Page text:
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Student Debt and the Class of 2012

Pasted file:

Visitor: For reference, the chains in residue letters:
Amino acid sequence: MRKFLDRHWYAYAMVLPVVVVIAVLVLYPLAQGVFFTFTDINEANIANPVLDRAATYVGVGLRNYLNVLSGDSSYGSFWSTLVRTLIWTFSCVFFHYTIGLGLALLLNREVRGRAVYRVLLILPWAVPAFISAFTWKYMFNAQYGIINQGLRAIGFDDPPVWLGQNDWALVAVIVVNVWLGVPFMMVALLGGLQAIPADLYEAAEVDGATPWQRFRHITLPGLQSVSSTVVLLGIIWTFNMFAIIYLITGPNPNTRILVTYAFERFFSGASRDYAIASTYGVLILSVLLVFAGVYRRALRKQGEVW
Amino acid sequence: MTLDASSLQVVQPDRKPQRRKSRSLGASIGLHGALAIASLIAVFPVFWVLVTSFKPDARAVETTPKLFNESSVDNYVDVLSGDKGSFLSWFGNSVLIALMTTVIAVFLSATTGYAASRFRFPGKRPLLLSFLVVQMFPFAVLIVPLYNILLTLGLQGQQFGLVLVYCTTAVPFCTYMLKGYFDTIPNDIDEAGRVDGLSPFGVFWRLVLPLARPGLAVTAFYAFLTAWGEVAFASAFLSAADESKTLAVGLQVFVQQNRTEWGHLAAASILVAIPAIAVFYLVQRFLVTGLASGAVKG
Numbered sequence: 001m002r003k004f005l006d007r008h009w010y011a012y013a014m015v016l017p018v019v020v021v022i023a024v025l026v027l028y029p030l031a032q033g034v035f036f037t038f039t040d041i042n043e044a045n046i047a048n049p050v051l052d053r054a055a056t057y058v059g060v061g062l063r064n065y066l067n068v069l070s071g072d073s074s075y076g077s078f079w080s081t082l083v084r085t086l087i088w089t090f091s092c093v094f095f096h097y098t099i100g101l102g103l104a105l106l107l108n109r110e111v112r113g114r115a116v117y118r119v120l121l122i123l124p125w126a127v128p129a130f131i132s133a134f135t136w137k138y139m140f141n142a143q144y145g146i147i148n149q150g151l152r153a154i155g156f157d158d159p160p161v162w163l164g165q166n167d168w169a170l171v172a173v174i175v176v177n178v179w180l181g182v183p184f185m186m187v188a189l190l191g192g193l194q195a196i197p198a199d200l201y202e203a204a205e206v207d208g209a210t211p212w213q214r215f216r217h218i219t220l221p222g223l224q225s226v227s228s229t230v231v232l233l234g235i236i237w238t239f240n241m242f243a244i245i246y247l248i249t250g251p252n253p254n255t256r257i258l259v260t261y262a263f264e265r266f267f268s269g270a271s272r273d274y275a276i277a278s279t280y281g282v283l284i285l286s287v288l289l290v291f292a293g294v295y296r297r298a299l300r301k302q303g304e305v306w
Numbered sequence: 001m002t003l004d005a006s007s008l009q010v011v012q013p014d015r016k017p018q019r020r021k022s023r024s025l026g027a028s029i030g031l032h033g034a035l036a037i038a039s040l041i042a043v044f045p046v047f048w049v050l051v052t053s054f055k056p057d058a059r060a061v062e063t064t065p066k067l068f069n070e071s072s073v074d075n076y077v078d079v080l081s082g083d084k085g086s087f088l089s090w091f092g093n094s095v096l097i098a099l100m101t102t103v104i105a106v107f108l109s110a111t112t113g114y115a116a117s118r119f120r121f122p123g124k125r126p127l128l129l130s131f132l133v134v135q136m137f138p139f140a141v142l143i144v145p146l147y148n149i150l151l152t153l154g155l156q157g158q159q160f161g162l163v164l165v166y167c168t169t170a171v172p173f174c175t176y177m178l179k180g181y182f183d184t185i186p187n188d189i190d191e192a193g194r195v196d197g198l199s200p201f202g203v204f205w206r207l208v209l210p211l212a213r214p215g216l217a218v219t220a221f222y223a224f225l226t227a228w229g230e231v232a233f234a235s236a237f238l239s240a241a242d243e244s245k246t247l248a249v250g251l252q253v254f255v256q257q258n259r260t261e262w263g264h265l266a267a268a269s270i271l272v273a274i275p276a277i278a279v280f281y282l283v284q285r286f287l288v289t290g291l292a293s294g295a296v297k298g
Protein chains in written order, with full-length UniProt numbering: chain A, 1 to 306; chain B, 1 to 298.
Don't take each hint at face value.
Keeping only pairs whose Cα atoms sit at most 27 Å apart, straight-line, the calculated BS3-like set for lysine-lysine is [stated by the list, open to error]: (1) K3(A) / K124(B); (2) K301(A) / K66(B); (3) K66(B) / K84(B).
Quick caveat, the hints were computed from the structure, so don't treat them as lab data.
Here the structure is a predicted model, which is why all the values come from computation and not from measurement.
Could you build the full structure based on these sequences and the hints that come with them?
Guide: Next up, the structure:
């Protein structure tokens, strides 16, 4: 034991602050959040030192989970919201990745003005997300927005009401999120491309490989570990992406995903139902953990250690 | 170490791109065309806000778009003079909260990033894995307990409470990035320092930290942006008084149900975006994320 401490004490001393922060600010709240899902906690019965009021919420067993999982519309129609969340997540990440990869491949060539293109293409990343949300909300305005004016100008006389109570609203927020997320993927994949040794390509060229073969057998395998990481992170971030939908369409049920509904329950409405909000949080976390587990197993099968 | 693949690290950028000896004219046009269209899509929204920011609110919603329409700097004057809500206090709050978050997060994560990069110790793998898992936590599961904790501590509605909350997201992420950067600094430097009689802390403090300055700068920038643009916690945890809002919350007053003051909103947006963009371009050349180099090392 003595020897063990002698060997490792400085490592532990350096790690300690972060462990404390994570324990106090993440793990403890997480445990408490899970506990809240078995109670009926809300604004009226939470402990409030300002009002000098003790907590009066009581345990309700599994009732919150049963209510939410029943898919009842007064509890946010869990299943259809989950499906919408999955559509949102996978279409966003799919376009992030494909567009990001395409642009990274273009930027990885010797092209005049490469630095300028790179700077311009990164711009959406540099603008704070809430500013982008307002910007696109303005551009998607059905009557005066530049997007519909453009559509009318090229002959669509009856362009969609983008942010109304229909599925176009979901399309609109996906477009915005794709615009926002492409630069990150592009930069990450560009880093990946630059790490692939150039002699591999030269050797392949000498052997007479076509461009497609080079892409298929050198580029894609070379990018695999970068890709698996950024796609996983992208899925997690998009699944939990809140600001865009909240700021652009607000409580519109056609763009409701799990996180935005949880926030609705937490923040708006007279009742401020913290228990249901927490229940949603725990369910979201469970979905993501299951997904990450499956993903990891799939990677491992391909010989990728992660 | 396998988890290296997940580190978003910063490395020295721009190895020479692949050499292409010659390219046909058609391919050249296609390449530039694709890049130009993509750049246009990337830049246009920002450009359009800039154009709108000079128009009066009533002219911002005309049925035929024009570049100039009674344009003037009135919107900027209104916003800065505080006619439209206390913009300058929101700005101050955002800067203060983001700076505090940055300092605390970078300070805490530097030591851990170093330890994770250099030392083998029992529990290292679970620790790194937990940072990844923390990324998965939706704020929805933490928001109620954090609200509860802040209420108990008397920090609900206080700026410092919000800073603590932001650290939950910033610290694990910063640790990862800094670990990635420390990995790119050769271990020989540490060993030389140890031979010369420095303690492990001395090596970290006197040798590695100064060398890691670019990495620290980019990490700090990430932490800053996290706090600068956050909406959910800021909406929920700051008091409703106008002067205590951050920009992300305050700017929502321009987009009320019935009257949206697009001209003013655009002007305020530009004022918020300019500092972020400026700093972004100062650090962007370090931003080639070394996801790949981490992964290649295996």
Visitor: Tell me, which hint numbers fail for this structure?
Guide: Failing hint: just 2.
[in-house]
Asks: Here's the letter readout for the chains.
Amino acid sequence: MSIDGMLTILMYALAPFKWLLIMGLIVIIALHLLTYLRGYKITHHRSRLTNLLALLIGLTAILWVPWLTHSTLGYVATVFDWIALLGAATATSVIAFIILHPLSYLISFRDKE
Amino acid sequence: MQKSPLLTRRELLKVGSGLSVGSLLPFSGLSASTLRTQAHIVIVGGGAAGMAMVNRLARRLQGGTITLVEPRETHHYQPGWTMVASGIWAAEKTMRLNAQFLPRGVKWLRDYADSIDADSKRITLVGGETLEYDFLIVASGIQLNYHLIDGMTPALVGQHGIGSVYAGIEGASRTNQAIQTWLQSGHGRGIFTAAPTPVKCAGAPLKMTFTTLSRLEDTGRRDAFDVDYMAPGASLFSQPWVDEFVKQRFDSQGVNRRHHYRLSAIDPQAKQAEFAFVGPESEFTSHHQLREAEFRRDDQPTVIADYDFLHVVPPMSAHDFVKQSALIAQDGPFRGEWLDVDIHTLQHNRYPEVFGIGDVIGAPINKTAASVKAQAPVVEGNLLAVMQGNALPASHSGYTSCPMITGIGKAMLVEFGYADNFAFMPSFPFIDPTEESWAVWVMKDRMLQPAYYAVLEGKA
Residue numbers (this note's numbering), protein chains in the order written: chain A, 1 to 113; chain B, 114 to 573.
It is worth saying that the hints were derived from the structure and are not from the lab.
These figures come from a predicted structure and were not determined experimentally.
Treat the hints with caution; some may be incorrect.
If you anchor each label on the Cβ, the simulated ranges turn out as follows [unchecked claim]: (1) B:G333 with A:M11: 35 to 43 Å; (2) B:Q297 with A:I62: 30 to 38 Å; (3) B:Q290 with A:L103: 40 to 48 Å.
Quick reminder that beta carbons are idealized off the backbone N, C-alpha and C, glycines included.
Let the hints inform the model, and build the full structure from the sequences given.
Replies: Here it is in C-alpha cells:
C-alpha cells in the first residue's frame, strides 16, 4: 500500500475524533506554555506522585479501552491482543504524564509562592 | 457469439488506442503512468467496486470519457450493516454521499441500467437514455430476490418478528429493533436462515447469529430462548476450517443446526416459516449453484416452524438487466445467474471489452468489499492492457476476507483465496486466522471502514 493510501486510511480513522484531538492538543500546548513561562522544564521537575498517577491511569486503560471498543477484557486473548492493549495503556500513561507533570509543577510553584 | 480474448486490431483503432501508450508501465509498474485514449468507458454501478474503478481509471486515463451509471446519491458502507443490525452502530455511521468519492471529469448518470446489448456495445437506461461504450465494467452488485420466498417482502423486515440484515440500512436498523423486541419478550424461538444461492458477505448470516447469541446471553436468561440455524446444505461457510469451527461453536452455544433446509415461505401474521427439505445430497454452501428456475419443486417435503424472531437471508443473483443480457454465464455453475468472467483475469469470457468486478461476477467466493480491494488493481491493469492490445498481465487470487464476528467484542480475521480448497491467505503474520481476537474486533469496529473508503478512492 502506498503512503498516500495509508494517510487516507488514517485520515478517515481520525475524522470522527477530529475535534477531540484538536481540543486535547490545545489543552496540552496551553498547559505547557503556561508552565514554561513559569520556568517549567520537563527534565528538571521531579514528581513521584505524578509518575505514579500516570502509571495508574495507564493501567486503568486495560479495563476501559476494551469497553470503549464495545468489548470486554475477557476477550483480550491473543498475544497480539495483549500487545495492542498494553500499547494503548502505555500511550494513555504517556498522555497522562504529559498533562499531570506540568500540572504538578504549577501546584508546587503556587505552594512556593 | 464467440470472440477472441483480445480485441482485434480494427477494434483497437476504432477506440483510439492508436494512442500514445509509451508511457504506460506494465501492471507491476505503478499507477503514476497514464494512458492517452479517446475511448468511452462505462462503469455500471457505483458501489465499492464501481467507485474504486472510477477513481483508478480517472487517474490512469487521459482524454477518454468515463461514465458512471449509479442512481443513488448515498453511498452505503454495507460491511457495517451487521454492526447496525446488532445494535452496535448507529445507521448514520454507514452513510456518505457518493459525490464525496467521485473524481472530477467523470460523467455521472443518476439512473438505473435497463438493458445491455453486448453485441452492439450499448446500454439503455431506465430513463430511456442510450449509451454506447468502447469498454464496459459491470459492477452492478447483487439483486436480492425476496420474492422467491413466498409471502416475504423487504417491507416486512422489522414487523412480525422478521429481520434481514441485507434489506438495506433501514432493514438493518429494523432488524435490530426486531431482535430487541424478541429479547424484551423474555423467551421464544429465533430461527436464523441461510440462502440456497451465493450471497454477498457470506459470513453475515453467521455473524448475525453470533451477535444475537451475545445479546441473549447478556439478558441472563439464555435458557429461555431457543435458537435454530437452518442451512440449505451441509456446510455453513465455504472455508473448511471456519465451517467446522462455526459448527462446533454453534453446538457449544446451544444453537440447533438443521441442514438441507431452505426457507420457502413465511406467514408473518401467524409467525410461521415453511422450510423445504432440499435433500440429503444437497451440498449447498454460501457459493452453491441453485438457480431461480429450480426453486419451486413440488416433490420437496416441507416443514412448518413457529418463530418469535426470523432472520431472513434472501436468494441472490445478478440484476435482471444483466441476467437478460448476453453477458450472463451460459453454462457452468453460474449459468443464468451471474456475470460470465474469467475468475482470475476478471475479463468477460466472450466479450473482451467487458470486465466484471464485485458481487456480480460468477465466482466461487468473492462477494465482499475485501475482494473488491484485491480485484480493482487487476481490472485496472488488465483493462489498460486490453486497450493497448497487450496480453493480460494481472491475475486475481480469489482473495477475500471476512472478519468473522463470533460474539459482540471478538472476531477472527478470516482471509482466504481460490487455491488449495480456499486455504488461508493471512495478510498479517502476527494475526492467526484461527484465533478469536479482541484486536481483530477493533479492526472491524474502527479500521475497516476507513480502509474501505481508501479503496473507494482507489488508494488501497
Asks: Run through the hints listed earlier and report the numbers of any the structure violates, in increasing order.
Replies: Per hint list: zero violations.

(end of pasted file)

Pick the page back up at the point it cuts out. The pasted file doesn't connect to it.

Student Debt and the Class of 2012 is our eighth annual report on the cumulative student loan debt of recent graduates from four-year colleges. Our analysis finds that the debt levels of students who graduate with loans continue to rise, with considerable variation among states as well as among colleges. Seven in 10 college seniors who graduated in 2012 had student loan debt, with an average of $29,400 for those with loans. The national share of seniors graduating with loans rose in recent years, from 68 percent in 2008 to 71 percent in 2012, while their debt at graduation increased by an average of six percent per year. Even though the financial crisis caused a substantial decline in private education lending while these borrowers were in school, about one-fifth (20%) of their debt is comprised of private loans, which are typically more costly and provide fewer consumer protections and repayment options than safer federal loans. State averages for debt at graduation ranged widely in 2012, from $18,000 to $33,650, and graduating seniors’ likelihood of having debt ranged from 41 percent to 78 percent. In five states, average debt was more than $30,000. High-debt states remain concentrated in the Northeast and Midwest, with low-debt states mainly in the West and South. See page 4 for state-by-state debt figures. Average debt varies even more at the college level than at the state level, from $4,450 to $49,450. Colleges with higher costs tend to have higher average debt, but there are many examples of high-cost colleges with low average debt, and vice versa. For more about debt at the college level, including lists of high- and low-debt schools, see page. It is important to note that the state and college debt figures in this report reflect only graduates of public and private nonprofit four-year colleges, because so few for-profit colleges choose to report  the necessary data. Every four years, including 2012, a federal survey collects the data needed to calculate national debt figures for new graduates of all types of colleges. However, this survey does not provide state- or college-level data, and colleges are not required to report their own graduates’ debt. That is why we use data provided voluntarily by many public and nonprofit colleges to estimate state averages and identify high- and low-debt schools. The vast majority of the Class of 2012 graduated from public and nonprofit colleges. Nationally, 68 percent of 2012 graduates of public and private nonprofit four-year colleges had student debt, with an average of $27,850 per borrower. These are lower than the overall national figures because they do not include for-profit college graduates, who are more likely to borrow and graduate with more debt…The limitations of relying on voluntarily reported data underscore the need for federal collection of student debt data for all schools. Even for colleges that do report voluntarily, the debt figures in  the report may understate actual borrowing because they do not include transfer students or any private loans the college was unaware of. The report’s state estimates are based on the available college-level data, so actual state averages may be higher as well.”

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